I started my freelance career with little more in mind than to escape the law. Sure, I had a financial goal (I wanted to make at least $10,000 my first year of freelancing full-time), but I didn't have much of a business plan. It wasn’t like I decided to freelance and then took a few business classes online or anything. Fact is, I had no business plan. But I did have a lot of energy, motivation, and drive, which certainly helped.
While I lacked a business plan, I did set specific goals to keep myself on track. I sent out at least one query or essay submission every day, five days a week. When I received a rejection (what I call a "bong"), I sent a new query to the market that had rejected me, and eventually started getting assignments from markets like Bridal Guide, Fit, Fitness, Shape, and Family Circle. I also broadened my scope, and started writing for the local hospital and small area businesses as well. By my fourth year, I was making more than $60,000/year and was confident that I could sustain a successful career as a self-employed writer.
Still, I had no idea I could make even more money than that. I was already making more than I had as an (admittedly underpaid) lawyer and I realize now it didn't occur to me that I could continue to increase my income, and make, say, six figures.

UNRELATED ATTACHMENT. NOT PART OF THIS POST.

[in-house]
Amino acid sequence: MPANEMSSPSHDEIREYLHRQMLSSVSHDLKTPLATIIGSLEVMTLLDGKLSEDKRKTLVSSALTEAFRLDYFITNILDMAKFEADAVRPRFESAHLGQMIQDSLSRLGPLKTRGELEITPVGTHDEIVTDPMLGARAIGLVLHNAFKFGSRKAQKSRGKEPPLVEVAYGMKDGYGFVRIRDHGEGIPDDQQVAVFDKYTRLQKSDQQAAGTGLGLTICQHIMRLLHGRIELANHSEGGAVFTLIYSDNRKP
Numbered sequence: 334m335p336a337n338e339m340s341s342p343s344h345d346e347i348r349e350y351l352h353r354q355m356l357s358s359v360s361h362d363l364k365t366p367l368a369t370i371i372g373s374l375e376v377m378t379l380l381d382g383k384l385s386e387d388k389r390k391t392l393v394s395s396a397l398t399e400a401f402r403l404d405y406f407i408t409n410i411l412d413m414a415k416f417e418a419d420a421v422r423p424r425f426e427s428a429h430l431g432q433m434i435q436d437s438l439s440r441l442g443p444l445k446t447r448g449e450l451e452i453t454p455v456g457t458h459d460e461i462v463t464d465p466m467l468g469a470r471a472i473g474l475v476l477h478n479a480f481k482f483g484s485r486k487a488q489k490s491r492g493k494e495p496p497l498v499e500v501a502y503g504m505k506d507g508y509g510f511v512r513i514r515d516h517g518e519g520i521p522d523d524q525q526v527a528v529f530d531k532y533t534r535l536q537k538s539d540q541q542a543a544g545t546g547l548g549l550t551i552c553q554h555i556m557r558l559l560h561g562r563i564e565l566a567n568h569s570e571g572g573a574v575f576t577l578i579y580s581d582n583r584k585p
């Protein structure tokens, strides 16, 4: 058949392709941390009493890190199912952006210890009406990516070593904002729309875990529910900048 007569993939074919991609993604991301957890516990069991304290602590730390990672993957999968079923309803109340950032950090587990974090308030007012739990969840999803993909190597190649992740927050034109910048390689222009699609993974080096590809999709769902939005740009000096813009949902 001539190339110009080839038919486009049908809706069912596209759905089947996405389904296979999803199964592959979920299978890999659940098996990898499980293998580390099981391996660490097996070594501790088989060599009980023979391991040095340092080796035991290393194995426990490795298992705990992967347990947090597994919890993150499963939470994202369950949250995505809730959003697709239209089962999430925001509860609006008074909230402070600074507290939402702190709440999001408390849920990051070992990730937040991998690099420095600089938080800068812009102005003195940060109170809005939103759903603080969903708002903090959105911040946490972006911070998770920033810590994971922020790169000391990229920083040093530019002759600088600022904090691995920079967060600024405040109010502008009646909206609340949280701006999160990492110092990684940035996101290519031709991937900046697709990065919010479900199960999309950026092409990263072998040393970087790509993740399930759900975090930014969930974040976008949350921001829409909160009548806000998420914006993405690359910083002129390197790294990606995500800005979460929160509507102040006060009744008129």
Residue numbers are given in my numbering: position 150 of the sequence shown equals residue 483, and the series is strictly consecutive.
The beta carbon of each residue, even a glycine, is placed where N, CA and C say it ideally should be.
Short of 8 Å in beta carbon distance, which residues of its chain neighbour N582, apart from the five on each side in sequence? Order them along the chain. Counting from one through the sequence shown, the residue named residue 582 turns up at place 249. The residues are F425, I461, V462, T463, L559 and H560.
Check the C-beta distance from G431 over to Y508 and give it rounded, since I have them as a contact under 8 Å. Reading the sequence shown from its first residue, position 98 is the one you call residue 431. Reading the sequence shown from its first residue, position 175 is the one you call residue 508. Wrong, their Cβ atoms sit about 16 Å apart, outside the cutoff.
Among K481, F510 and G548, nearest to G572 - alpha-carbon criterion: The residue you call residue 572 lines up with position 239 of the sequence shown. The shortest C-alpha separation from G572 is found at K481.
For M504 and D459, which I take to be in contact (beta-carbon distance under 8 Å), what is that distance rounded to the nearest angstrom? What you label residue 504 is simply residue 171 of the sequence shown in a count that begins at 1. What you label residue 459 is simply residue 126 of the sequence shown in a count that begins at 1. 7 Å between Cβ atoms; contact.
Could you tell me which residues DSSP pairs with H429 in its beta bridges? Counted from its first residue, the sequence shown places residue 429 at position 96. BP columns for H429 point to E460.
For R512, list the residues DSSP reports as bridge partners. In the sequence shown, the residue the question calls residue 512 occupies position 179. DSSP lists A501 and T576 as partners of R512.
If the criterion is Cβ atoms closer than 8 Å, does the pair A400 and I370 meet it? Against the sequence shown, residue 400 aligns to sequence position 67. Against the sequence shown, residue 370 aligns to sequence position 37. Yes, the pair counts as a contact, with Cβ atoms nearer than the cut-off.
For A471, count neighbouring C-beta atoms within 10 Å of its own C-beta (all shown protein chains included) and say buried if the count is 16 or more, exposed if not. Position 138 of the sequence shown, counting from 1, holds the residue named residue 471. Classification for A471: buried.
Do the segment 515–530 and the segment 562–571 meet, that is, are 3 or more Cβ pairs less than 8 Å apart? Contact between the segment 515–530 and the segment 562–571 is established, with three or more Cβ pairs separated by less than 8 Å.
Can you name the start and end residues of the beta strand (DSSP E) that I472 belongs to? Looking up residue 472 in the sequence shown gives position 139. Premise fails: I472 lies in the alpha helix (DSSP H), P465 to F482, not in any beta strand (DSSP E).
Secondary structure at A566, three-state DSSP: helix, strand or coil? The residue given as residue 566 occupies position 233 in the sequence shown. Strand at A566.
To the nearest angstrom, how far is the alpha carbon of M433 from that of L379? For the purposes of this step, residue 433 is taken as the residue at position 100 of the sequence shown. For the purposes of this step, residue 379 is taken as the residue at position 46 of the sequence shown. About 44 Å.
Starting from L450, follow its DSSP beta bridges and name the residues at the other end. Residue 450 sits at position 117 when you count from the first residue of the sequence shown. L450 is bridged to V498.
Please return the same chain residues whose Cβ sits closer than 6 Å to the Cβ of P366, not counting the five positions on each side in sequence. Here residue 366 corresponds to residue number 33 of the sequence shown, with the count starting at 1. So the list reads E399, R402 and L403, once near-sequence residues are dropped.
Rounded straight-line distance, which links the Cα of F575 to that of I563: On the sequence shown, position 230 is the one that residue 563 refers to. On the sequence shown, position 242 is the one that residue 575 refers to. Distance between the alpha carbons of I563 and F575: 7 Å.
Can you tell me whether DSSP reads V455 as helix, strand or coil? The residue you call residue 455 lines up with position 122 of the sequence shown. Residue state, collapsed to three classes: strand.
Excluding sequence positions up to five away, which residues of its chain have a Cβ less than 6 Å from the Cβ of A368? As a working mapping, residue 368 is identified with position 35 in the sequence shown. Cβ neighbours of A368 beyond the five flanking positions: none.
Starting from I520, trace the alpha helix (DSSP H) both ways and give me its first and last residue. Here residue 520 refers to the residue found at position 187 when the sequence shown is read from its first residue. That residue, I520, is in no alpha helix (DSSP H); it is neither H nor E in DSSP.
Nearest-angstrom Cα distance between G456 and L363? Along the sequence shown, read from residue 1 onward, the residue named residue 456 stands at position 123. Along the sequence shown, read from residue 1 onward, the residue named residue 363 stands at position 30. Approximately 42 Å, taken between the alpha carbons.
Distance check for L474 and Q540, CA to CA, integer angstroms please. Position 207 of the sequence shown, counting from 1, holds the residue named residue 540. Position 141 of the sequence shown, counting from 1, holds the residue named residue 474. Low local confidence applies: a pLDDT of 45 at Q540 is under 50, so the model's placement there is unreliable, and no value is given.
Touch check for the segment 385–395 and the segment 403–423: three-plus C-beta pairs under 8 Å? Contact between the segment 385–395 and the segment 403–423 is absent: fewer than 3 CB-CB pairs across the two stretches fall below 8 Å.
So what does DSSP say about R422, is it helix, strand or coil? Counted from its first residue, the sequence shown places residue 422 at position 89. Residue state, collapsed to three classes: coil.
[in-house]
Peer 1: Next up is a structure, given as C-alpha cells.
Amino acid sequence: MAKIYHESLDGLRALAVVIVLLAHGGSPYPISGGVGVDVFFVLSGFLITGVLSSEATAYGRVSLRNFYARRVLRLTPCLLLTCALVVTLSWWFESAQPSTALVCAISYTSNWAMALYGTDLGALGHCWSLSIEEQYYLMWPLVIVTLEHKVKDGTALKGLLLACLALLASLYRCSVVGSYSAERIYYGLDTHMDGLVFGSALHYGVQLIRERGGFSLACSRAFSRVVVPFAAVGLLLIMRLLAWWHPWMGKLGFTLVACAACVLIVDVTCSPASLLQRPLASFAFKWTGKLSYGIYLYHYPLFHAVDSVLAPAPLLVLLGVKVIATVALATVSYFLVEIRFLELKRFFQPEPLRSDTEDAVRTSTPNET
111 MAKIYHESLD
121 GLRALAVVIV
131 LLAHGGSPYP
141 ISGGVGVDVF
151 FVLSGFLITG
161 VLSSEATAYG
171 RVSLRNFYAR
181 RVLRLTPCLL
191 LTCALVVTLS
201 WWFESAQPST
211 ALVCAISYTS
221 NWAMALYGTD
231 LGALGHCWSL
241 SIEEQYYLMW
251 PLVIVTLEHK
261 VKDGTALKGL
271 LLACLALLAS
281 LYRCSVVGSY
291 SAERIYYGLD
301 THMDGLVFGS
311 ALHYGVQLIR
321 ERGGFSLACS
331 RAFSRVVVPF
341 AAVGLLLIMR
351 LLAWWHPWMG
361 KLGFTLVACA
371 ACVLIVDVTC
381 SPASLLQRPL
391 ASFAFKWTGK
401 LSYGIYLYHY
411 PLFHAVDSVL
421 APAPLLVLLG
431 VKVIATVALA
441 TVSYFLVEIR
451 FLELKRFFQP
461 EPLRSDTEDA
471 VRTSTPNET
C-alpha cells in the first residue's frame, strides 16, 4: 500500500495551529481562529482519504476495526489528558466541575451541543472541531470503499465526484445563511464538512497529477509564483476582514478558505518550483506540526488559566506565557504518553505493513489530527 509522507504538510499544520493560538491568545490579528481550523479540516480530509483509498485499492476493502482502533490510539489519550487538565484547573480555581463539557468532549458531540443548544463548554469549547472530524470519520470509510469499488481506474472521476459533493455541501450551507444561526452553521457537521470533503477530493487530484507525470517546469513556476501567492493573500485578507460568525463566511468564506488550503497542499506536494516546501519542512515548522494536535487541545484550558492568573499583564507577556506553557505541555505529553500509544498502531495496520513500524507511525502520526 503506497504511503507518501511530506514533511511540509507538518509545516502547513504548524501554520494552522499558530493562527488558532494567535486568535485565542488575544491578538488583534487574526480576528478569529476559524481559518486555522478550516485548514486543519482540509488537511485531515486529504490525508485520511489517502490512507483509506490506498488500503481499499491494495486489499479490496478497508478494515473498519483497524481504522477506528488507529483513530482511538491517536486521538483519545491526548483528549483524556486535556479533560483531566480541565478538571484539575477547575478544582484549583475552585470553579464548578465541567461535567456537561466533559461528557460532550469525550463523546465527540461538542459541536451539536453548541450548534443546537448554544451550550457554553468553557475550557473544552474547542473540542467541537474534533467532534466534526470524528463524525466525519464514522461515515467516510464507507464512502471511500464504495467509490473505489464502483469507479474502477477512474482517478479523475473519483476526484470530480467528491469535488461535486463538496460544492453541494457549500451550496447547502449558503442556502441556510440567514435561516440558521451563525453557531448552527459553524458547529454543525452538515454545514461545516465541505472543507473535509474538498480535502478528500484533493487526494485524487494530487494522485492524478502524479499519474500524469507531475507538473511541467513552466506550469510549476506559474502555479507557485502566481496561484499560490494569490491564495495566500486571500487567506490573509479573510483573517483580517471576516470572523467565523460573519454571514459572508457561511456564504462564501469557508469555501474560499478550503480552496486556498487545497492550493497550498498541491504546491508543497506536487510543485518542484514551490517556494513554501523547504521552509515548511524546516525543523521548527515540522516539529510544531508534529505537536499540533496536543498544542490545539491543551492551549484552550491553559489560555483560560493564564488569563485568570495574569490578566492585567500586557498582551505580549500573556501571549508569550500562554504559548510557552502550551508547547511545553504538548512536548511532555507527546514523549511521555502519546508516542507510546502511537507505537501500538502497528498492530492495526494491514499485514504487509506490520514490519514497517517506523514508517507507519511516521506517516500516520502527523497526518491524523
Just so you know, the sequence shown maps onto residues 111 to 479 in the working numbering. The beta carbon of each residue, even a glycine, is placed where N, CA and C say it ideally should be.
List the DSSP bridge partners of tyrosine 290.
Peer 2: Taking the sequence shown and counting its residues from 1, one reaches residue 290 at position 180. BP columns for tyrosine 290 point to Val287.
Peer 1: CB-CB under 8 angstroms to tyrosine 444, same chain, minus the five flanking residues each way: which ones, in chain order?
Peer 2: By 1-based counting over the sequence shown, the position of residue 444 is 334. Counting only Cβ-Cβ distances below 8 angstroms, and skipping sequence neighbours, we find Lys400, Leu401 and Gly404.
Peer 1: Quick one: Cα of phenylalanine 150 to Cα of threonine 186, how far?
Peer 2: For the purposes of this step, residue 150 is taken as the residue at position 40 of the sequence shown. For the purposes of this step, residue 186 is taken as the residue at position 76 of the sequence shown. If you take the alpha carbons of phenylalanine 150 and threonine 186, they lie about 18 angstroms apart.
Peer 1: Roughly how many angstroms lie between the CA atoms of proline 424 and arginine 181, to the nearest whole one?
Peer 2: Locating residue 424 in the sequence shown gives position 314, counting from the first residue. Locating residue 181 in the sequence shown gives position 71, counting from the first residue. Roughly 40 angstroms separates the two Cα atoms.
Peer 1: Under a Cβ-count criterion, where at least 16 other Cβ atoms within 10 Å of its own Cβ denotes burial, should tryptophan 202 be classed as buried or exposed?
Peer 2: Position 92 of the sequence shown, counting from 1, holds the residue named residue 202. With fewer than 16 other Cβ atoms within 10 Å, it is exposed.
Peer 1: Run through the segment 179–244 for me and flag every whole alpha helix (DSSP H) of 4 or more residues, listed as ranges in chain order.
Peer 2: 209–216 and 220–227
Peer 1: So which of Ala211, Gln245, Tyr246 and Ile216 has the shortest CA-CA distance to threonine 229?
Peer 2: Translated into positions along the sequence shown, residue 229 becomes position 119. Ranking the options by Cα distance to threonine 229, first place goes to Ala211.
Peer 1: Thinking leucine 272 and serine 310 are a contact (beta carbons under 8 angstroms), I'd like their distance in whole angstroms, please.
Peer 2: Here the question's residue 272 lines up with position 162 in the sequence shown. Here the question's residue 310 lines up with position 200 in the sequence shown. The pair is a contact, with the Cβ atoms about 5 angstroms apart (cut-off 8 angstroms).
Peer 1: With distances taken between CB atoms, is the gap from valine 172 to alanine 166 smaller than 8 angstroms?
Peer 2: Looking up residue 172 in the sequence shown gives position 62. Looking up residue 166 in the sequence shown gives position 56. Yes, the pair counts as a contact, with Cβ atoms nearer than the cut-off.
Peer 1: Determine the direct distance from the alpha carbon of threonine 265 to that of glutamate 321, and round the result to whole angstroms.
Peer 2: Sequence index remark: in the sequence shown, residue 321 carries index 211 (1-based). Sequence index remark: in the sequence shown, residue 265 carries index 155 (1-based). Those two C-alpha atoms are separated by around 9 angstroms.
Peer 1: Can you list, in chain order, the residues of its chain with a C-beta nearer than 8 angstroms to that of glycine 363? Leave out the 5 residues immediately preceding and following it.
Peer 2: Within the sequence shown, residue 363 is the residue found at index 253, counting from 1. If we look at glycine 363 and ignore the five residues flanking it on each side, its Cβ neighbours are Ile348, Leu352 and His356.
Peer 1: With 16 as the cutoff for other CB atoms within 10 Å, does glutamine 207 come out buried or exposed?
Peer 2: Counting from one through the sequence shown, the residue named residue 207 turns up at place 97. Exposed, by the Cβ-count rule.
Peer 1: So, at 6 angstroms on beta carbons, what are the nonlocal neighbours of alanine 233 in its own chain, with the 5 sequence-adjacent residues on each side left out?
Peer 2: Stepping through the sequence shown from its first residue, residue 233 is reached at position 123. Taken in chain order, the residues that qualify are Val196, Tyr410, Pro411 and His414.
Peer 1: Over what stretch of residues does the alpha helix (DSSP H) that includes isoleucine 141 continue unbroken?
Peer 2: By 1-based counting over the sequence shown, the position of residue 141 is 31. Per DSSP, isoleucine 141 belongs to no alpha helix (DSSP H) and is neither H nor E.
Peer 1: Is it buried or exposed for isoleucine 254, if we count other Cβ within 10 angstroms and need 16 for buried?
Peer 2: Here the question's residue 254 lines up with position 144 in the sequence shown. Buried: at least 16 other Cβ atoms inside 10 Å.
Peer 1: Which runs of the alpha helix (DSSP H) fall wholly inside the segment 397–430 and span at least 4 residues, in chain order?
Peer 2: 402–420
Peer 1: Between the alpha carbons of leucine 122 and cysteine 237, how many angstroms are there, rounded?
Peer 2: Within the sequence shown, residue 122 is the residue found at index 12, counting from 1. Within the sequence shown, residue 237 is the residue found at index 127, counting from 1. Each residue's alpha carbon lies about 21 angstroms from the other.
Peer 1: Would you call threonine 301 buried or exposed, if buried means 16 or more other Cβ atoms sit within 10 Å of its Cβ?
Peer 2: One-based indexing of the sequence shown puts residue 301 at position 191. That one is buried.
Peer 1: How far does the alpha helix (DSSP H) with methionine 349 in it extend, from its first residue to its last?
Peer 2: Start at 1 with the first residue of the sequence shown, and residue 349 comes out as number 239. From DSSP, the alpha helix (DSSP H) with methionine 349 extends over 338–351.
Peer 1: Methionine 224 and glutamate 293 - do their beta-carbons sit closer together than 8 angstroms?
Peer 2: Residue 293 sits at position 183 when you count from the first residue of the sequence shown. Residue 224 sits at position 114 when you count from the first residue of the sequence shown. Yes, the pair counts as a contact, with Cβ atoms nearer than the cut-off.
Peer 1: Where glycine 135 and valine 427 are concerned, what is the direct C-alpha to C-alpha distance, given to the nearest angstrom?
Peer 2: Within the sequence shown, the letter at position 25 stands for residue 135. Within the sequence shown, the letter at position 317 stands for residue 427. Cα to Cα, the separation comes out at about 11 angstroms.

Then I met another writer who made six figures regularly. And she wasn't a better writer than I was. She wasn't any more professional about her career than I was. And she didn't have that much more experience than I did. I remember thinking, hey, if she can make six figures, why can't I? Two years later, I cracked the six-figure mark (and wound up writing a book on six-figure freelancing along the way!).
That's the power of example. When you see someone else reaching a goal (especially someone similar to yourself), you're more likely to believe that you can do the same thing. That's one reason I'm open about the financial aspects of my writing career, whether it's sharing what I made last year, surveying freelancers about their income, explaining the difference between print and electronic royalties, or how many copies of a POD book I've sold. As the saying goes, information is power but information is motivation, too. My hope is that by seeing what I've done (or what other successful freelancers have done), you'll be empowered to reach your own writing goals.
***My ebook list keeps growing! I've now added a new book designed for new writers who want to make the leap from unpublished to published--whether you write essays, short fiction, or articles. Dollars and Deadlines' 10 Truths Every Writer Who Wants to be Published Should Know will help you make the transition from writing for yourself to writing for publication.
If you know you want to focus on writing articles, you'll want to check out Dollars and Deadlines' Guide to: Selling your First Article, which takes away the mystery of getting published for the first time. Dollars and Deadlines' 10 Essential Freelance Templates includes the 10 templates you'll use the most often as a freelancer and describes when to use them.